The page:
Porter ranks the third of his World titles as his career highlight, coming against his perennial rival Ferdinand Bracke who he overhauled in the second part of the race after trailing by nearly three seconds at halfway: "He was the rival I most respected, he held the our record, had finished third in the Tour de France, had won the Vuelta,” recalls Porter. “He was some rider."
""At the end of the 1970s though retirement beckoned and he embarked on a second career, albeit for a short while he tried to combine both before the microphone took over
"I was very lucky with my early mentors who showed me how the job is meant to be done properly,” recalls Porter who celebrated both is 75th birthday and 50th wedding anniversary earlier this year. He is married to Olympic swimming Gold medallist Anita Lonsbrough (pictured left).
"When I was coming to the end of my riding career, about 1979-80, BBC Radio Birmingham, which went on to become Radio WM, was starting up and their Sports Editor Roger Moody asked myself and Anita to present a little round up show on Monday evenings, all sports particular the smaller ones. That seemed to go OK and soon I got to commentate on Wolves home matches, a great treat for a Wolves fan.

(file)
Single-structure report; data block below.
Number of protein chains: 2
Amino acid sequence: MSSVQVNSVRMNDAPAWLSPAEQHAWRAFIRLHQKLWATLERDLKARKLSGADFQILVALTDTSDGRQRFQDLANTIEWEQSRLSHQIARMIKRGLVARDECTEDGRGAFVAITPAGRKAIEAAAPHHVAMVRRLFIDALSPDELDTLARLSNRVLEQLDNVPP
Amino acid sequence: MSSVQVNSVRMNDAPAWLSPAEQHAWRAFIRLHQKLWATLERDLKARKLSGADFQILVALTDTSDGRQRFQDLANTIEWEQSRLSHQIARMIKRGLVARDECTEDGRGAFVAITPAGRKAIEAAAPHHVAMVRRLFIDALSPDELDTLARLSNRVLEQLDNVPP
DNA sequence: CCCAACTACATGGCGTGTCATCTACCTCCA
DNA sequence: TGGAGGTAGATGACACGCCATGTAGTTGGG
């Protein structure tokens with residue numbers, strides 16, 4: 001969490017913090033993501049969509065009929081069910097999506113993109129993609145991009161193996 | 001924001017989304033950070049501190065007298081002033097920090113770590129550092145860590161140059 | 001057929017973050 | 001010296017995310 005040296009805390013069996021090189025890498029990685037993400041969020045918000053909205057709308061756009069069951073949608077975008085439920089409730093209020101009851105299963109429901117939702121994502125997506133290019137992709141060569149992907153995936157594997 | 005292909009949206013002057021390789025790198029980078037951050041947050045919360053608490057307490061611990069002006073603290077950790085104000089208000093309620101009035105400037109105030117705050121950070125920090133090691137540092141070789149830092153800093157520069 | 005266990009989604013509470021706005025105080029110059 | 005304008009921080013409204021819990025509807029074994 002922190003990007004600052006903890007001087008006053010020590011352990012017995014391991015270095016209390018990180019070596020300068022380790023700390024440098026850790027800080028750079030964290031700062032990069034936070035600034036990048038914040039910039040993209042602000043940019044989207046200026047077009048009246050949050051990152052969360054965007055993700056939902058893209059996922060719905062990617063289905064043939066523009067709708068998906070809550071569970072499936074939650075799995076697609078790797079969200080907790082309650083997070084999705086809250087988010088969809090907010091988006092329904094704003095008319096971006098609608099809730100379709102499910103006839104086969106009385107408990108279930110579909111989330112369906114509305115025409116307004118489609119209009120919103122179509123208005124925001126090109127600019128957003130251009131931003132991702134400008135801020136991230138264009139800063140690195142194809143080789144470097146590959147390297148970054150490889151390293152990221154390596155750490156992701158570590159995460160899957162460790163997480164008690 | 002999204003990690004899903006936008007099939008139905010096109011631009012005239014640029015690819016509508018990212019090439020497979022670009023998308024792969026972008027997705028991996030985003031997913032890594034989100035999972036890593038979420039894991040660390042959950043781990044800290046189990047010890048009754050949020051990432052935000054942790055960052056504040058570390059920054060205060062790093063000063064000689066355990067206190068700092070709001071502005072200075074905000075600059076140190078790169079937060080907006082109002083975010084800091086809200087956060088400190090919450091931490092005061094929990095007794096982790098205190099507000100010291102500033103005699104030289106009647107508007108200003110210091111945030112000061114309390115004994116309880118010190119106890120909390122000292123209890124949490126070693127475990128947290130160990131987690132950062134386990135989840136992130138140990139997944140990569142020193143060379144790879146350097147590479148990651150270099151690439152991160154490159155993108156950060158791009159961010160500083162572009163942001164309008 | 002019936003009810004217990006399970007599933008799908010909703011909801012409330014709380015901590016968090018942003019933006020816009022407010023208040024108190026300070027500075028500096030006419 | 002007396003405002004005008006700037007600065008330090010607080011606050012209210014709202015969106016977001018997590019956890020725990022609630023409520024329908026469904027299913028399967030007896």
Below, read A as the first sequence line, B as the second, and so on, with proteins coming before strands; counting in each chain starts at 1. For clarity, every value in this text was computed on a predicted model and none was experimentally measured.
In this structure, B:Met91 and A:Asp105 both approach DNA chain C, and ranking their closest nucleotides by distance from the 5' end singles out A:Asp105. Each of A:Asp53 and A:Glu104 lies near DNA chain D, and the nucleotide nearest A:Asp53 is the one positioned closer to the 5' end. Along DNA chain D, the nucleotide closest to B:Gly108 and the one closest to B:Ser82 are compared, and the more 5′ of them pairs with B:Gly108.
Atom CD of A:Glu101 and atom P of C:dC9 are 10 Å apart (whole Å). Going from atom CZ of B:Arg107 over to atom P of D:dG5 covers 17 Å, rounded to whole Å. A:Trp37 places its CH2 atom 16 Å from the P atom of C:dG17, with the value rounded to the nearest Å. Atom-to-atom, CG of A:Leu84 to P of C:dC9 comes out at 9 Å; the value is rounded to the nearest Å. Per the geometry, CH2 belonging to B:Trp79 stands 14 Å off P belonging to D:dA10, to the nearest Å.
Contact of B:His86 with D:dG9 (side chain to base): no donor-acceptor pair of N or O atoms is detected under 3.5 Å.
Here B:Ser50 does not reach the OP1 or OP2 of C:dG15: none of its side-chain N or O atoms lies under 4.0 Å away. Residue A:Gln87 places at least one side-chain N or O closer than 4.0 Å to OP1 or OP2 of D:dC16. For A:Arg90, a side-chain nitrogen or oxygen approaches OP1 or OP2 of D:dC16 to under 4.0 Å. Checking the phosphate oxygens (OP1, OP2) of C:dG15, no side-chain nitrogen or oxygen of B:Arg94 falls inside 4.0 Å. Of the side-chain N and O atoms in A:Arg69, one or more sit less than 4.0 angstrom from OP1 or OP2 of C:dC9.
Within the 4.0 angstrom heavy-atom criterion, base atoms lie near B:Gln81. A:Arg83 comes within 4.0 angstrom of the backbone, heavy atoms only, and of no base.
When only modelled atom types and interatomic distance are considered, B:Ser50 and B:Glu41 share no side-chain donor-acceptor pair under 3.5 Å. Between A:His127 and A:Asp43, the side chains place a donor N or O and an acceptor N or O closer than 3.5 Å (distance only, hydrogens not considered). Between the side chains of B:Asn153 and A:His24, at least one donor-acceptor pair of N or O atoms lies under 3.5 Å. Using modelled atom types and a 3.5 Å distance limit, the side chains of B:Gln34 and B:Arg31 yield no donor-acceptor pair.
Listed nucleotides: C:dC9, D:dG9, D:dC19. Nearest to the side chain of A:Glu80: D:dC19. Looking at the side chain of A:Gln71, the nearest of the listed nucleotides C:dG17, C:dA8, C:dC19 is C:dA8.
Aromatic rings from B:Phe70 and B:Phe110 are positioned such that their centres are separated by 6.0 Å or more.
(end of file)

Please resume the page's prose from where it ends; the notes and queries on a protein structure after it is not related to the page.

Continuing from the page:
"I also worked on a Friday night preview programme with two very talented young producers who went onto great things – Jim Rosenthal who became one of the most talented and versatile presenters in the game and Nick Owen a future star of Breakfast TV and much more besides. On other occasions I filled the "expert voice’ slot at some cycling events when Barry Davies and Tony Gubba were commentating. You can't help but learn from such professionals.”